Wednesday, December 17, 2008

The decline and fall of the English language: Screening invitation edition

"You are invited to a special advanced screening of title omitted to protect the guilty.

So, just how advanced is it?

Is a placement test necessary? Do I need to bring proof that I hold an advanced degree? Will there be a quiz following the screening?

I don't want to be a super language geek, but certain things drive me crazy.

It's and its. The phrase "based of off." Closure vs. closing (as in, "...and now from shadow traffic, we have multiple closures on the L.I.E...").

And advanced screenings. They're "advance screenings," meaning "in advance of release."

I sometimes feel as though this is Humpty Dumpty's world and I just live in it.

To quote from Alice's Adventures in Wonderland, "When I use a word," Humpty Dumpty said in rather a scornful tone, "it means just what I choose it to mean — neither more nor less."

"The question is,' said Alice, "whether you can make words mean so many different things."

"The question is," said Humpty Dumpty, "which is to be master — that's all."

That was, by the way, written in 1865. Plus ca change..."


achyfakey said...

I know we all have pet peeves, but language is just not fixed. That's one of the great things about it. The key is: do we understand one another?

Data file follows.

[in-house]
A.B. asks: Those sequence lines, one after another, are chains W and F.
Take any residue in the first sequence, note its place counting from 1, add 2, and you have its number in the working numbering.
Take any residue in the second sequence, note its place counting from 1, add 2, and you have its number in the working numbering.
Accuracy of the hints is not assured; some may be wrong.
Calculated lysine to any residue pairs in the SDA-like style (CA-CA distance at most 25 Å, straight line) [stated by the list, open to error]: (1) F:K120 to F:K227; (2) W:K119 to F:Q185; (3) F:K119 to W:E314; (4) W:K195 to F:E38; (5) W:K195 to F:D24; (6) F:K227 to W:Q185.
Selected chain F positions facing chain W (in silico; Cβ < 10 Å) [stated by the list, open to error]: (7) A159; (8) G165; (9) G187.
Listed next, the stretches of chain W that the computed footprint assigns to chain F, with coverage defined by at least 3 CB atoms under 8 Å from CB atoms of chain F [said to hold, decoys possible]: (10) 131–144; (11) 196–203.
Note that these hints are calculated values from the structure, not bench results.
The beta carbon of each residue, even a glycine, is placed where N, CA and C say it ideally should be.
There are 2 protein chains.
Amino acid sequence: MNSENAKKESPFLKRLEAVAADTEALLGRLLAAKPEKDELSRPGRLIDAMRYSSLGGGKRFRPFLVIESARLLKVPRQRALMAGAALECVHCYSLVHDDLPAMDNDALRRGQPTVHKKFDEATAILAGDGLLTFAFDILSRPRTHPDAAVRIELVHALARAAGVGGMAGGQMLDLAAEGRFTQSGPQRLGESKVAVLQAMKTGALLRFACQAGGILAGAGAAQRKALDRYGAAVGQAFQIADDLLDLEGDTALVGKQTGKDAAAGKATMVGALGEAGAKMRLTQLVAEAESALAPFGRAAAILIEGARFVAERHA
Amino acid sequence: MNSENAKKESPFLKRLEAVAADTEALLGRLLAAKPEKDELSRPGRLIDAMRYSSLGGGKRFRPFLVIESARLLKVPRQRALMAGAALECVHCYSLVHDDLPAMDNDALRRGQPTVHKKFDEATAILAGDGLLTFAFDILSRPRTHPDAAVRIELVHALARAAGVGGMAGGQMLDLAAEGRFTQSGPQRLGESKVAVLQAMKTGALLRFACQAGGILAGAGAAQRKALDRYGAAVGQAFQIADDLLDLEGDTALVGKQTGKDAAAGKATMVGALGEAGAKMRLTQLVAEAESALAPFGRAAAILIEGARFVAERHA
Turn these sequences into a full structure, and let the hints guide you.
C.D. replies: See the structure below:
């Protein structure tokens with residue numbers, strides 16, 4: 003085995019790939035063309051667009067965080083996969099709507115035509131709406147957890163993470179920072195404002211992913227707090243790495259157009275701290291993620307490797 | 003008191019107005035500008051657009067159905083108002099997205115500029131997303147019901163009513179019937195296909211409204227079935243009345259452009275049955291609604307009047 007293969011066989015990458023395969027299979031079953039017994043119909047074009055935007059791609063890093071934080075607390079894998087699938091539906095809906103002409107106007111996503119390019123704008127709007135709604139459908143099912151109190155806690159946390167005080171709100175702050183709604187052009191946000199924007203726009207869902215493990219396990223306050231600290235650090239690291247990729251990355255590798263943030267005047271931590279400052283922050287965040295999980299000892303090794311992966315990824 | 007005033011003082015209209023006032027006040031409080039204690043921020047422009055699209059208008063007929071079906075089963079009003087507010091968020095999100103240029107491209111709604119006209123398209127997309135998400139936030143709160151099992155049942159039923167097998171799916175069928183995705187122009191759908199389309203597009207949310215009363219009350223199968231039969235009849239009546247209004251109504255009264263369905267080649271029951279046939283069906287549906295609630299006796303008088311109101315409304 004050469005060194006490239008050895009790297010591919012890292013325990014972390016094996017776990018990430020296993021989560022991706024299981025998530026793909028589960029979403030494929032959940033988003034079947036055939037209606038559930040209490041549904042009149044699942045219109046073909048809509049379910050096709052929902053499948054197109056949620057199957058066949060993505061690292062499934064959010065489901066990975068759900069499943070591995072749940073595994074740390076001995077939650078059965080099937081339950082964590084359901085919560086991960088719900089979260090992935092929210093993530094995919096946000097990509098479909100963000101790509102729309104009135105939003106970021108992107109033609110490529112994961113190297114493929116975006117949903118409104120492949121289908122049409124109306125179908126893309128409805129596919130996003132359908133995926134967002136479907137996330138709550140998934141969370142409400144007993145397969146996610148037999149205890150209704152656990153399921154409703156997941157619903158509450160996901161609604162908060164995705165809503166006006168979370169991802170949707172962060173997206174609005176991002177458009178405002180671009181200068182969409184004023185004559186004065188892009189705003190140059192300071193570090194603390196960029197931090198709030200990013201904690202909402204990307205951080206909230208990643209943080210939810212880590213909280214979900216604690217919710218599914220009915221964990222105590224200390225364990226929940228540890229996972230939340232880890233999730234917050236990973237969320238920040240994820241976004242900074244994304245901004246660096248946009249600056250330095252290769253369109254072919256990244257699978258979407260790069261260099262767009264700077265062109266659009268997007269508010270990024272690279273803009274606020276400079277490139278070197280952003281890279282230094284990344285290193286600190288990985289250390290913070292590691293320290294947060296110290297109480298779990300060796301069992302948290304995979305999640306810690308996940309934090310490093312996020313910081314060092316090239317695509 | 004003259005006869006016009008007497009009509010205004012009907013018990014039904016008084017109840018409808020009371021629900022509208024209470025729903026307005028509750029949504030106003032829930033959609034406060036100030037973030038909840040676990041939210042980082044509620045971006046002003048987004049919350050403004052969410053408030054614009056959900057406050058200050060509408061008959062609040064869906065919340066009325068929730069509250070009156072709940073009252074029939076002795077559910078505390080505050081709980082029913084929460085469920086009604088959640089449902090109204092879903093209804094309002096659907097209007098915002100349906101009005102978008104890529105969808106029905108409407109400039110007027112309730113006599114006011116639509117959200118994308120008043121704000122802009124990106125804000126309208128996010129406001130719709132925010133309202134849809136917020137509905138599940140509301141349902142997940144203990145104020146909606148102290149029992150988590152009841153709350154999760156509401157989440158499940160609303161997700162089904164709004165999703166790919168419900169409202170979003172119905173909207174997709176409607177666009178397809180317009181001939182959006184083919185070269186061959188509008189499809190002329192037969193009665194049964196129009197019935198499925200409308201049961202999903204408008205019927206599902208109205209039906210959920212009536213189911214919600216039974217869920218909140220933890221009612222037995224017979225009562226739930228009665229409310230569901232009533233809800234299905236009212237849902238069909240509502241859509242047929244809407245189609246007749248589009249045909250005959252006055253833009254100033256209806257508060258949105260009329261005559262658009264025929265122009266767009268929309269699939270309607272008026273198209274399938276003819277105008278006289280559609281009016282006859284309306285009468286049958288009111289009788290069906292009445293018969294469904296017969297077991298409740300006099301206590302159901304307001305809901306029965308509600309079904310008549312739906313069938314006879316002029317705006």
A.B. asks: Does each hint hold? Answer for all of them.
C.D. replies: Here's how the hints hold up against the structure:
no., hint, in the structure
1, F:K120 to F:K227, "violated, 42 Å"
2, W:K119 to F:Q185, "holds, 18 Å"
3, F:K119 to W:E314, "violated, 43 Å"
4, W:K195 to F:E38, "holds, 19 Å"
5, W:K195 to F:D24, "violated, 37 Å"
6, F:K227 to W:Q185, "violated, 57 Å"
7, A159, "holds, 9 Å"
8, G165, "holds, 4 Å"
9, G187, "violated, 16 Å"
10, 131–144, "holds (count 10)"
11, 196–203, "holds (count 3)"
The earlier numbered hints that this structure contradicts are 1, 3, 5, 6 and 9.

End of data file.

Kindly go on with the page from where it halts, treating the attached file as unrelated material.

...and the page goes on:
"Language is a virus from outer space." It's always mutating.

However, I do feel your pain. Often have to remind myself that pronouncing "ask" is just as correct as prounoncing it as "aks"! (even though in this case, it's not a matter of decline... it's a matter of justified metathesis)

miss flickchick said...

I love anyone who can use the word metathesis.

But I worry about the gradual erosion of language norms. Sure, we can all still understand each other now, but letting the meaning of words blur has eventual consequences.

And that brings us back to Idiocracy, which you as a longtime reader know is one of my pet causes.

For new readers, Mike Judge's futuristic comedy is deeply flawed but sporadically brilliant in its depiction of a dystopian future America. When it comes together, it's laugh-so-you-don't-cry funny.